Attorney Michael Peroutka
March 19, 2014
Imagine you and I are strolling down the street one fine day on our way to have a nice lunch and we come across a woman who is truly destitute. She needs many things including food to feed her baby. Imagine also that you just cashed a check and you know, and I know, that you have $200.00 in your pocket.
Now imagine that I decide that you should give the $200.00 dollars to the woman. (Remember, she is truly needy.) So I take out my handgun and I order you, at gunpoint, to turn over the $200.00 to the woman.
Not wanting your brains splattered all over the street, you comply, but it’s not over. Let’s just say that I am so moved by this woman’s situation that I order you to come to my house tomorrow and the next day and every day until you die and give me more money so that I can provide for her and her children and her grandchildren indefinitely. Furthermore I make it clear to you that if you do not do as I command, I will use force against you and your loved ones.
Of course, if I behaved this way toward you, I would be acting criminally because I have no right to force you to part with your property even if the cause is a worthy one. The question then becomes would this action on my part be legal and righteous if it was done not just by me, but collectively. Let’s say, everybody on the whole street agrees that we should take your money and give it to the needy woman. Is there any moral principle that makes collective force acceptable when the use of force individually would be a crime?
The answer is, of course, no.
Frederic Bastiat dealt with this very question many years ago in a book called “The Law.” Bastiat said that law itself was nothing but the collective organization of the individual right to lawful defense. He reasoned that if every person has the right to defend his liberty, his person and his property, then it follows that a group of men have the right to organize and support a common force to protect these rights constantly.
So common rights are based on individual rights and the common force that protects these rights can have no other purpose or mission than that for which it acts as a substitute. Therefore, if I can’t INDIVIDUALLY use force against your liberty or your person or your property, then the common force—the collective force – cannot lawfully be used to destroy your person, or your liberty, or your property.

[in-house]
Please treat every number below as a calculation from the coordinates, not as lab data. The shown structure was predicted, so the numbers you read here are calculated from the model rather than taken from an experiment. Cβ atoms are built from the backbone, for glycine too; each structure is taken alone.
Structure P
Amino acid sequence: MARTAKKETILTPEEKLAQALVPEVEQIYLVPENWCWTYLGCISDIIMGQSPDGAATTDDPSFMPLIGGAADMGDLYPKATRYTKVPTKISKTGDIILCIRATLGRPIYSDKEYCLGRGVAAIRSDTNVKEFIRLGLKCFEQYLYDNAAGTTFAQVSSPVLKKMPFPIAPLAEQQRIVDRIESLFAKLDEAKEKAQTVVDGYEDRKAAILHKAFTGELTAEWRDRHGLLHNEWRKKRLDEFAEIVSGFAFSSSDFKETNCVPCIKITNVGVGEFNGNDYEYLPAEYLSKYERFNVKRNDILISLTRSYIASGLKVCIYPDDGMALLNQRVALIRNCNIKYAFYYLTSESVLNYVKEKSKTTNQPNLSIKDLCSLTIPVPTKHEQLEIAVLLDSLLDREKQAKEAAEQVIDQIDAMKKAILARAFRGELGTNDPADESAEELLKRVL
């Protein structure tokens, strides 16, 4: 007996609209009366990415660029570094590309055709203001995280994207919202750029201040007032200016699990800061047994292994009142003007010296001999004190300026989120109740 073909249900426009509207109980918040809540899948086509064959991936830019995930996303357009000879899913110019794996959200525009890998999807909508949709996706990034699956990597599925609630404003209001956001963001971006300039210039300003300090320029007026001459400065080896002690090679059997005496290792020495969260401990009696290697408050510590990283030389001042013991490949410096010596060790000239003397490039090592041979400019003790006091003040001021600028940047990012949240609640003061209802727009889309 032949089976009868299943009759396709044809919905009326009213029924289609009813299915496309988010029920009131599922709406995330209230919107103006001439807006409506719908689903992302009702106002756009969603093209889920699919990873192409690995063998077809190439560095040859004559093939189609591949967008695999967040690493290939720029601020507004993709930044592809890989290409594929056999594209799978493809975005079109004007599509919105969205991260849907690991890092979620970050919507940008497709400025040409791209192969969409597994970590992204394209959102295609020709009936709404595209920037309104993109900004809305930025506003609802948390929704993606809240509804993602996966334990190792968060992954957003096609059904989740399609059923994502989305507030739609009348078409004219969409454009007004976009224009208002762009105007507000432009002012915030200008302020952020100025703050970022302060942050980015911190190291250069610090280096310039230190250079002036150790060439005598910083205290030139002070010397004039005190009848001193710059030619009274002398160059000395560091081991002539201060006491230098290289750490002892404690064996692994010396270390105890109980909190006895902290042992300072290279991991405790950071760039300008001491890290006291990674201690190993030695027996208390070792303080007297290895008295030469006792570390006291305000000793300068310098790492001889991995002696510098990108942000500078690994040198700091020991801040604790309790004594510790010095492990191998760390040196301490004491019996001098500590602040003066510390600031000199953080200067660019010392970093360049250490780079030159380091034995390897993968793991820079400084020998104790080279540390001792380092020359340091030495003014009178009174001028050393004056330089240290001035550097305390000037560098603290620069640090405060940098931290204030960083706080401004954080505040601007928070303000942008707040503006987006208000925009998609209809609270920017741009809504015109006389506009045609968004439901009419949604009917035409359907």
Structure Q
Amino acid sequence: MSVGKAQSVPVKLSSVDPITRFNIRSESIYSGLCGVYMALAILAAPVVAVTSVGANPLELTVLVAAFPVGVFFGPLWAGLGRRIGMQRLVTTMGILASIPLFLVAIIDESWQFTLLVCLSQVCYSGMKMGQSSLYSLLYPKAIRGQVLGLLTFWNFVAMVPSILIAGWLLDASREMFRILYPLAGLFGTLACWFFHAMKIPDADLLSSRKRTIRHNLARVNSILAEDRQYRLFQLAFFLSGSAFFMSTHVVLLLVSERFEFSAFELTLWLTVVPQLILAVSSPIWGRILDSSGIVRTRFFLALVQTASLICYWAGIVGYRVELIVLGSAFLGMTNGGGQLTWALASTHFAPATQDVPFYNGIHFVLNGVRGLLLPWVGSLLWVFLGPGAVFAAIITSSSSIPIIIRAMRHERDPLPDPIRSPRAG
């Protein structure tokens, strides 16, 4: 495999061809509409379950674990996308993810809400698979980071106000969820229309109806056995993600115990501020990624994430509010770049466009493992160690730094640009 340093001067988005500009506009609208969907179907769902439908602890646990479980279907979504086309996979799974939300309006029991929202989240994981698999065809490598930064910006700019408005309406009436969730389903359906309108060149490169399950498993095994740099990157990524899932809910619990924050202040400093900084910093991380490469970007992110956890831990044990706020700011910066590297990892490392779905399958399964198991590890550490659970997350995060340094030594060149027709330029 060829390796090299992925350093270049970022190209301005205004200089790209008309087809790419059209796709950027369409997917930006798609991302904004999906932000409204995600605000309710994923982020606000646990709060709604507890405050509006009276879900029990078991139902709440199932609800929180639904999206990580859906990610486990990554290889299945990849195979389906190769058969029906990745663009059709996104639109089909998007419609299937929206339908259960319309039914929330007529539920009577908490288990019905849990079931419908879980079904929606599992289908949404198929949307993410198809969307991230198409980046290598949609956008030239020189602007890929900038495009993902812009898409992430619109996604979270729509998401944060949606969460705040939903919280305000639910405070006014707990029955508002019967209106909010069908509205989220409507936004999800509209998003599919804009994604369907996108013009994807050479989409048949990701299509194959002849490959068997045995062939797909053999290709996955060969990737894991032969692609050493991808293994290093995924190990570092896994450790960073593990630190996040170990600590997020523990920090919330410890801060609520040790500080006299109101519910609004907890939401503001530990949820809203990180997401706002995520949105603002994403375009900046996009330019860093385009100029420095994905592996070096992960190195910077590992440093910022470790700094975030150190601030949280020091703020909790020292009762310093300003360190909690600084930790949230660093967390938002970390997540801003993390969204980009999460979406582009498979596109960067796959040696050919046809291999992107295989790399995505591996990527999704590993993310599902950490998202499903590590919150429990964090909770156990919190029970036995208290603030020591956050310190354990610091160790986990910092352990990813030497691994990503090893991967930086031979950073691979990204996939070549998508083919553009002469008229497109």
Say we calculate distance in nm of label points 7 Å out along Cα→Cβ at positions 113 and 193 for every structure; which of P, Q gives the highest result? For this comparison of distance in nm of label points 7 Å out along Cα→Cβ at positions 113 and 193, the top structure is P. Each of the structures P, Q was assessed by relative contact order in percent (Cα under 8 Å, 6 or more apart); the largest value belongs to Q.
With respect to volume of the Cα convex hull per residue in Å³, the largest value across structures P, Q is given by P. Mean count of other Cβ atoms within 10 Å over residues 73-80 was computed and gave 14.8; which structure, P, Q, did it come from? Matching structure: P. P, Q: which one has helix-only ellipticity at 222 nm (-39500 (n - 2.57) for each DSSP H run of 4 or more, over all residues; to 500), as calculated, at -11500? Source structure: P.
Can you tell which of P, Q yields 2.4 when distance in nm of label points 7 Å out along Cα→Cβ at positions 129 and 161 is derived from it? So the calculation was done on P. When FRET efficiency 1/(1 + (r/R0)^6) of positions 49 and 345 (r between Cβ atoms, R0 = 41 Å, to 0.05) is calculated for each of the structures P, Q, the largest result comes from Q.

Now since men are fallen creatures and work is required for making a profit that can be used to satisfy men’s needs and wants, it will naturally occur to some men that it may take less effort to steal the profit that other men earn rather than to take the time and expend the effort to earn profit for themselves. Men will tend to do this so long as the effort and risk are minimal. According to Bastiat, one purpose of the law is to restrain the exercise of this sinful behavior by punishing the plundering of men by other men. In other words, the punishment that the law meets out will turn men back to the honest and peaceful methods of earning profit for themselves, thus satisfying their own needs and wants and allowing all to live in peace. However, since those who are in authority in the land are also tempted to steal, it is common and natural that they will invent “laws” which allow them to steal the profit and the substance of others by means of the very laws they have created.
Bastiat calls this activity “legal plunder” and says this:
“It is impossible to introduce into society a greater evil than this: the conversion of the law into an instrument of plunder. What are the consequences of such a perversion...”? In the first place, it erases from everyone’s conscience the distinction between justice and injustice. No society can exist unless the laws are respected to a certain degree. The safest way to make the laws respected is to make them respectable. When law and morality contradict each other, the citizen has the cruel alternative of either losing his moral sense or losing his respect for the law. These two evils are of equal consequence, and it would be difficult for a person to choose between them.
When the local or state or national government violates God’s law, what Jefferson and our Founders called “THE LAW OF NATURE AND OF NATURE’s GOD,” or when it violates the limits placed on it by the constitution, which is its contract with “We the People,” it is acting criminally. And when government uses the force of law to break the law, “We the People” must think clearly and act morally. Out of our love of our Country and for the honor of God, we must weed out the evil of socialism… first in our own thinking, and then, in our civil government.
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Michael Anthony Peroutka Esq. is a former Presidential candidate and co-founder of Institute on the Constitution (IOTC) an educational outreach of his law firm that presents the founders “American View” of law and government. IOTC has produced thousands of graduates in all 50 states with a full understanding of the Biblical principles on which those founding documents are based.
Michael is a graduate of Loyola College and the University of Baltimore School of Law.
Website: Constitution IOTC